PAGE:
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Many Linux fans (of which I am one) take a rather Linux-centric view of the desktop issue: "Hey, we have this great, free, stable OS, surely you will want to switch from yours?" To which a normal user would reply, "Well, I don't care very much about the OS itself, I just want to run application X,Y, and Z." A much easier sell would be: "You should try this free alternative to MS Office. It can be installed on your current OS, and run at the same time as MS Office if you like. And if you don't like it, it's easy to uninstall, and everything will be back to normal."
At the moment, many are hoping that WINE and CrossOver Office will bring users to Linux. But why should a business owner switch to an unknown OS with the learning curve that implies, only to run the same applications as before through a buggy and complicated-to-set-up interface? She still needs to have licenses (and pay for them) for those applications anyway. It makes much more sense to keep the OS that came with the machine (because it's "free" then, right? Or at least, "I've paid for it already, anyway.") and then install Free Software instead of MS Office, etc. Perhaps WINE-like systems can play an important part later, when individuals or businesses consider migrating to Linux because they see that they can then use Linux versions of the Free Software they are already using. Then they can WINE when "there is this one Program X I need that only runs on Windows." If that one program can be shown to work with WINE, then the user has no reason not to switch.
So, if you who agree that this is a key approach to promoting Free Software (many will disagree; fair enough), the next question is how do we help promote it in this way? I suggest that we set up a Web site or at least a forum for this purpose. The participants would then nominate and vote on Free Software alternatives for each relevant proprietary OS. The programs at the top of the list would then be compiled and ISOed, so that anyone easily can download and distribute them. A new disc could be launched each month and simply be called the "OpenCD" or "The Free Software Collection." If such a compilation were to reach critical mass, it would be possible to get hardware resellers to bundle it with machines, etc.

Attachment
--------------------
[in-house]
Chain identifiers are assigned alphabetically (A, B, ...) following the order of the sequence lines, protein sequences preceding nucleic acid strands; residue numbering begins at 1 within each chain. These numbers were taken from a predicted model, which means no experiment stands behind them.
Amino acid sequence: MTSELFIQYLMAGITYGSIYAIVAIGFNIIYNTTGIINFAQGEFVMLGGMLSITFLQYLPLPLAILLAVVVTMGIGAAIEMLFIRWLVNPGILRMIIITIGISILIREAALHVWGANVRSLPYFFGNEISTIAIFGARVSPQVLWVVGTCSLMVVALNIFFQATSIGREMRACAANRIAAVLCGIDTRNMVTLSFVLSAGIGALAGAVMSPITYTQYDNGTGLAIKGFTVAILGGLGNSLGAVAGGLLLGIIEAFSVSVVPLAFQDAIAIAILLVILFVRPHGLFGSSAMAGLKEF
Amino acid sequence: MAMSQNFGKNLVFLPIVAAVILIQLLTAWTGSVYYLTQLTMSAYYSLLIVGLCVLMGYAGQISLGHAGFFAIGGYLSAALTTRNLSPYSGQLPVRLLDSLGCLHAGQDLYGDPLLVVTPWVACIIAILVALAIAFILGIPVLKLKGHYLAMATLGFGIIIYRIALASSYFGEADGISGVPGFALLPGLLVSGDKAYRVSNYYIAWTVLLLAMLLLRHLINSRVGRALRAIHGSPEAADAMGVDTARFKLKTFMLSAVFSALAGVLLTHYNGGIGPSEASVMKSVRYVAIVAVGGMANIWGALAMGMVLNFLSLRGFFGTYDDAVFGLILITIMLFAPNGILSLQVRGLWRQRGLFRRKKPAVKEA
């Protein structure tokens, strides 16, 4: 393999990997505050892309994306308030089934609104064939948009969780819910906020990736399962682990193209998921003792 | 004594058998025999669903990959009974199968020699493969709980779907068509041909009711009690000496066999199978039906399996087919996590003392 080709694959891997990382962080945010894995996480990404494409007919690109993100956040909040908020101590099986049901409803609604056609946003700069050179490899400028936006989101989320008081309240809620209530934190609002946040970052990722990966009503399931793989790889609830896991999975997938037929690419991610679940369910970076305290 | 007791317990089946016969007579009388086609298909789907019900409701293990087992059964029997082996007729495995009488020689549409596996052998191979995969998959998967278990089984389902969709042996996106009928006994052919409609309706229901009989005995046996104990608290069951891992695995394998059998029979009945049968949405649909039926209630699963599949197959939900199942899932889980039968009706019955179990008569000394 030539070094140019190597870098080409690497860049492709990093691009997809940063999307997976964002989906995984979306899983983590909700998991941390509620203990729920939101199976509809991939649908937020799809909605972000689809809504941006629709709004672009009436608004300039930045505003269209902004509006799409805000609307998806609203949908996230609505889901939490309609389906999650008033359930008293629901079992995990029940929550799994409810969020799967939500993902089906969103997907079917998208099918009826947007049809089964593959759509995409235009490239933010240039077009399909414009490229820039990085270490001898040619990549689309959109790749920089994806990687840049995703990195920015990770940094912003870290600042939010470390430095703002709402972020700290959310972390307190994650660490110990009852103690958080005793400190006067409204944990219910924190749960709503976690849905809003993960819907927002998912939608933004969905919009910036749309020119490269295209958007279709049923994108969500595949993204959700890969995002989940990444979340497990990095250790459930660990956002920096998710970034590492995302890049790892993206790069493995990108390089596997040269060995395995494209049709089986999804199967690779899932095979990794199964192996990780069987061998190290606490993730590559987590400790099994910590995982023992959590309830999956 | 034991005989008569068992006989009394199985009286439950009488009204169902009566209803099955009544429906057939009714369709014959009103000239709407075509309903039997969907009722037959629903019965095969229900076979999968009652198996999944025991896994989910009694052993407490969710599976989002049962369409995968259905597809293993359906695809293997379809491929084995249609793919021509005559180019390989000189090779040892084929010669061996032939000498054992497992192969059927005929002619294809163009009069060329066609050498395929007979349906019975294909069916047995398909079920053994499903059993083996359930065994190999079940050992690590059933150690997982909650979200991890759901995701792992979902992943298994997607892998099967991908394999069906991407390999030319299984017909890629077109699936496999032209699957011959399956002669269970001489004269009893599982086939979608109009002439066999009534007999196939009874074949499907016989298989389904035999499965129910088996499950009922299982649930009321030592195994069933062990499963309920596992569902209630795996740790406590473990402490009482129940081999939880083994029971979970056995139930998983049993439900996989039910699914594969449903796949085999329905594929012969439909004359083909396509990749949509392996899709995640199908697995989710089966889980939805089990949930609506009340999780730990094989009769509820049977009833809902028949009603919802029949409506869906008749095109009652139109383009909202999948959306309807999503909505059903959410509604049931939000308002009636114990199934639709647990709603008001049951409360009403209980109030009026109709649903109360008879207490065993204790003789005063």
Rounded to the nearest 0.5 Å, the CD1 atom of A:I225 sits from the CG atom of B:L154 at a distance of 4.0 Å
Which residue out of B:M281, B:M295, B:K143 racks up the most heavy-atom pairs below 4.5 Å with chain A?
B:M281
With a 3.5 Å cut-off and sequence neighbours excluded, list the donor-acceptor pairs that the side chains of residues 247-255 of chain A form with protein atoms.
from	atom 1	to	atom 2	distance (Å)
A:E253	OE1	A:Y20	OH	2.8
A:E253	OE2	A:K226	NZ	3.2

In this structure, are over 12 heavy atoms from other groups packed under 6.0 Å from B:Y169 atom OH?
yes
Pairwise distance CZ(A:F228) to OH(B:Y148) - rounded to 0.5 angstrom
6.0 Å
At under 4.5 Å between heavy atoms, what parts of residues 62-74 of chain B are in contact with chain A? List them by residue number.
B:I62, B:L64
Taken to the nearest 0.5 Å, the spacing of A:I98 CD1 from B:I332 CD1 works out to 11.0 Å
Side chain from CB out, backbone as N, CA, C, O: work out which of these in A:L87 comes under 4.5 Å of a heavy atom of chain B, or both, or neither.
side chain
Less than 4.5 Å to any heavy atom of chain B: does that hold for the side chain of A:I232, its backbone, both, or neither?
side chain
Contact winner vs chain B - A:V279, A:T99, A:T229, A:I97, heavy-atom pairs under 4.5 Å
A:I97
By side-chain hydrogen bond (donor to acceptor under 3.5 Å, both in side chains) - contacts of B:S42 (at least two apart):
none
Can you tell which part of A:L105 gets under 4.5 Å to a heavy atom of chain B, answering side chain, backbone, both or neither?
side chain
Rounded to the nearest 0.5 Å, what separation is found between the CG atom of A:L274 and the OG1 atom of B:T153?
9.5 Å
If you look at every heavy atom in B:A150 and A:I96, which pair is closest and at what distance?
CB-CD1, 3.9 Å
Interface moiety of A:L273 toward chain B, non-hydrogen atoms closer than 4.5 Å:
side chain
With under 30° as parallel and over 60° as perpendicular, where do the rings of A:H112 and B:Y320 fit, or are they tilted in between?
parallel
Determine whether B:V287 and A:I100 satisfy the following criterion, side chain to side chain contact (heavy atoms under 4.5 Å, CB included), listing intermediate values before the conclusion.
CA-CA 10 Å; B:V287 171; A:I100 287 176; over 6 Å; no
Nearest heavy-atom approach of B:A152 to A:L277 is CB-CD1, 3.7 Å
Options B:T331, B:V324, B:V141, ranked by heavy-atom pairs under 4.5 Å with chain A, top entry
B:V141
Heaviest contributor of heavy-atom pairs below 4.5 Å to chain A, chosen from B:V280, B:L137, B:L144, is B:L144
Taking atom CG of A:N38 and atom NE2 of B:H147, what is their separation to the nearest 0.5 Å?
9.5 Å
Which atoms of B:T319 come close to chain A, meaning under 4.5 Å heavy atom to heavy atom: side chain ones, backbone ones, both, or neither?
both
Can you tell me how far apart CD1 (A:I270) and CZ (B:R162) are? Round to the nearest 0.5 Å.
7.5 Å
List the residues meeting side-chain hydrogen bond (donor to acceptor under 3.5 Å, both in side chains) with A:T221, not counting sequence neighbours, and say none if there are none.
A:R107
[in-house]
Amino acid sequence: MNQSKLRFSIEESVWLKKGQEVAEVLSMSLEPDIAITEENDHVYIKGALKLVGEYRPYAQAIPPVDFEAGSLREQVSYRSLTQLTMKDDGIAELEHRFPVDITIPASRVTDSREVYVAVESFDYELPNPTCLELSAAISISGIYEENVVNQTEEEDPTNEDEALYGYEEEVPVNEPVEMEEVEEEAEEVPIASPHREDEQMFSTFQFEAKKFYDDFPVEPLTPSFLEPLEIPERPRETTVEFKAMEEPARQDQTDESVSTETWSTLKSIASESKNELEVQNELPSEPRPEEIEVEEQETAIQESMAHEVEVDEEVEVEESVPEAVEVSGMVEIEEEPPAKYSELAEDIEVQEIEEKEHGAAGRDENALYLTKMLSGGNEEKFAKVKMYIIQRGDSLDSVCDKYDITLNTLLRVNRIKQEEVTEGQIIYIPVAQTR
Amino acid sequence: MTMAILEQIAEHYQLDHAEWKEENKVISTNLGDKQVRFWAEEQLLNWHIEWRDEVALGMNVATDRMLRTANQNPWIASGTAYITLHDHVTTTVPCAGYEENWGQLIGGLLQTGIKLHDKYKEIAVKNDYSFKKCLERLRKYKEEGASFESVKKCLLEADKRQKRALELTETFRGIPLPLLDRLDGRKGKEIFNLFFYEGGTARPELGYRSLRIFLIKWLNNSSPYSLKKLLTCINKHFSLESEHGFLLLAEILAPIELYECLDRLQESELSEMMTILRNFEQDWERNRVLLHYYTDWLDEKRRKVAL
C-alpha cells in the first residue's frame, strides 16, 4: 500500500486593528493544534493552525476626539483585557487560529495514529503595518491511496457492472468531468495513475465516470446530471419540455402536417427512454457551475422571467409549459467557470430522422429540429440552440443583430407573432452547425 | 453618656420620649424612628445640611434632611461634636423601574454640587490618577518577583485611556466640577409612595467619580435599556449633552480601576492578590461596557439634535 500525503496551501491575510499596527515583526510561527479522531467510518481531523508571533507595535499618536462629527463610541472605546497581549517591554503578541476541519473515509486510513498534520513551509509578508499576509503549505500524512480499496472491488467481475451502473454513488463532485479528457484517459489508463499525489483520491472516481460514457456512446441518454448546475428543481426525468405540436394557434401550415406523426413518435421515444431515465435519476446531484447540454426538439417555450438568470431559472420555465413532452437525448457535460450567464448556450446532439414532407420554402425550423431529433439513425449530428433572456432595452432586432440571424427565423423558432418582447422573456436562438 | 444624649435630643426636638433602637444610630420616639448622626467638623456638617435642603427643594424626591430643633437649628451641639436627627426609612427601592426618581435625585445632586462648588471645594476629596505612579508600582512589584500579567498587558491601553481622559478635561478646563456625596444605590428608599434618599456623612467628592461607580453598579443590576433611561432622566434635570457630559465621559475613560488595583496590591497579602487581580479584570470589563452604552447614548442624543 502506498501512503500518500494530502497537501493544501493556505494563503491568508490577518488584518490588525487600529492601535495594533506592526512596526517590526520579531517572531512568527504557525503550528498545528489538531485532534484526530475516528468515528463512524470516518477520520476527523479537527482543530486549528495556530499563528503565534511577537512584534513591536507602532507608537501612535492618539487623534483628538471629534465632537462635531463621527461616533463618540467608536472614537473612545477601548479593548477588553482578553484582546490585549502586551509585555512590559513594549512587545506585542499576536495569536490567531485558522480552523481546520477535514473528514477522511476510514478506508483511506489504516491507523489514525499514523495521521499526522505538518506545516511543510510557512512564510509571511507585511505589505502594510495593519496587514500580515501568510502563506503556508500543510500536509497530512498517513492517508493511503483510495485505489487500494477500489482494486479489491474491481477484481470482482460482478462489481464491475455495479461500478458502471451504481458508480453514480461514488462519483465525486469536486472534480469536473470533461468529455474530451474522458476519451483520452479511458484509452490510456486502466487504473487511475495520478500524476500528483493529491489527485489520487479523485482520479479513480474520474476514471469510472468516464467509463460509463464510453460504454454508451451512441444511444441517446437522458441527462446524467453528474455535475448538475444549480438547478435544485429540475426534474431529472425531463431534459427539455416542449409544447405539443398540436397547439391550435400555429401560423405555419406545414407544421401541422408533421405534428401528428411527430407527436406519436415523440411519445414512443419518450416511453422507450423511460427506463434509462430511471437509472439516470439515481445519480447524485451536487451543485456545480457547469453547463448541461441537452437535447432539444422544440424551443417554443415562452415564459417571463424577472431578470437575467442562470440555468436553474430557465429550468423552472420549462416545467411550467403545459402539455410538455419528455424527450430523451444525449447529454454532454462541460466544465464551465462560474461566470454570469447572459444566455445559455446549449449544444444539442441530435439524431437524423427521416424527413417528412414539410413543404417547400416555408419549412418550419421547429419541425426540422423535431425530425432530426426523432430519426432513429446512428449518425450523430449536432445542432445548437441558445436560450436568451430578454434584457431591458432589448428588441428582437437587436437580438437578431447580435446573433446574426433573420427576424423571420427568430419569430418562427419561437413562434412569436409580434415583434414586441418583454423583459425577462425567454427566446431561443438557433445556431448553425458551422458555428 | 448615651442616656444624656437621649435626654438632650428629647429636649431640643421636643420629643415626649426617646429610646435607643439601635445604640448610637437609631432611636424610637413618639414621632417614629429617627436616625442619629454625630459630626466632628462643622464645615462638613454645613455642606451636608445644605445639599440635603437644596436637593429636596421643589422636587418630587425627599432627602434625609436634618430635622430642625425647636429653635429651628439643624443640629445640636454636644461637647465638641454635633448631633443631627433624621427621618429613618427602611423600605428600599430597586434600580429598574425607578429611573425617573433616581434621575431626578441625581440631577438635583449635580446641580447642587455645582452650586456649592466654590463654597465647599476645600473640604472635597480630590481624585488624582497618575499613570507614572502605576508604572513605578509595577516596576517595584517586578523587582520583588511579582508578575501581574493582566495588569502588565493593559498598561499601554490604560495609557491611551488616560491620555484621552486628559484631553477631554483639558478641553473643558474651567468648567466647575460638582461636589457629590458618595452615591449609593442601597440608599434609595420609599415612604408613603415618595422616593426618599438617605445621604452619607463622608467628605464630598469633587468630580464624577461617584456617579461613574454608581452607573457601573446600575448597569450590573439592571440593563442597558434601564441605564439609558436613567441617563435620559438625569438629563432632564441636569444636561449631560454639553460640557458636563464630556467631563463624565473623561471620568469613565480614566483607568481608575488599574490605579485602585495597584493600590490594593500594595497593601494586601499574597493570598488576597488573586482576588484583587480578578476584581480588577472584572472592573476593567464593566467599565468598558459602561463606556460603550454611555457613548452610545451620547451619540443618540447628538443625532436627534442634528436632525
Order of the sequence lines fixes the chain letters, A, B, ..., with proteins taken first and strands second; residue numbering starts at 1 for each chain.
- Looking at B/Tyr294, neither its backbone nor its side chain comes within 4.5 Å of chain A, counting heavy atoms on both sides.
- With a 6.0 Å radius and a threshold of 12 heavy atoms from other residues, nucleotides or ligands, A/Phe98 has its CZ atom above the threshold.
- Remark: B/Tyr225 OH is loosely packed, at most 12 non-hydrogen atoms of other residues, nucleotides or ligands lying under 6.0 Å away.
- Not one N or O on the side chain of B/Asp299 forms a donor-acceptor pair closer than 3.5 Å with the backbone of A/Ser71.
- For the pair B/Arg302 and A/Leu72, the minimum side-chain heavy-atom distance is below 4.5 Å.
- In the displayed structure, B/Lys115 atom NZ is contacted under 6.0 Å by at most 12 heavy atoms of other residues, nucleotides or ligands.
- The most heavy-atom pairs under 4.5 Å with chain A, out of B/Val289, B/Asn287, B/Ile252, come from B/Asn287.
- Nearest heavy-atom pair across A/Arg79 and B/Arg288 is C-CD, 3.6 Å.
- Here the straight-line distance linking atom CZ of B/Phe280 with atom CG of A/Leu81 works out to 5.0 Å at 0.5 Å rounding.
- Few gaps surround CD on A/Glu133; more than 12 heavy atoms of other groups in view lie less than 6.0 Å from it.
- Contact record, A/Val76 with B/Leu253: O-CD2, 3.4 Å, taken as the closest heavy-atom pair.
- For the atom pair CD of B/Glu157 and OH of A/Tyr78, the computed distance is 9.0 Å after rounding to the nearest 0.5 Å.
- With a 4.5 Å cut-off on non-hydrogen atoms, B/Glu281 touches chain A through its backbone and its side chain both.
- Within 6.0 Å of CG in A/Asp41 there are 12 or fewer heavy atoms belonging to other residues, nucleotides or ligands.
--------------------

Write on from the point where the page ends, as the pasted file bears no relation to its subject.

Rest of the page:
It seems that the three projects soon to be released in version 1.0, namely OpenOffice, Mozilla and AbiWord, are obvious candidates, but there is still lots of room on a disc. I'm sure others will have lots of good suggestions. However, I don't think that we should strive to fill up the 650MB of a CD just for the sake of it; I would strive for quality, not quantity. There are plenty of CDs with "free software" bundled with computer magazines etc., but these often contain mostly shareware or demos of proprietary stuff. Besides, a 200MB ISO image is faster to download and burn.
This should all be relatively easy, but I also think great improvements can be made on this idea with a bit more work. First, a Web site should be set up which contains a description of each of the programs on the disc, and these Web files should also be included on the the CD so that the user can read about a program before installing. This should auto load when the CD is inserted to make it easy, and it should look professional. It would also be useful to have a friendly install shell where the user can launch each installer with a click. There should also be up-front information about what impact it will have on the system, such as the required disc space and file association changes, and information about how to uninstall. The CD might also include some classic Open Source literature for the curious, and a collection of useful links.
Some have suggested that GNU/Linux should be marketed more professionally, with glossy ads in Newsweek and Time. While that would probably help market the OS, it requires large recourses and a centralized effort. The free-CD approach, on the other hand, can be done in the typical decentralized Open Source way, and should be well within our abilities and resources.
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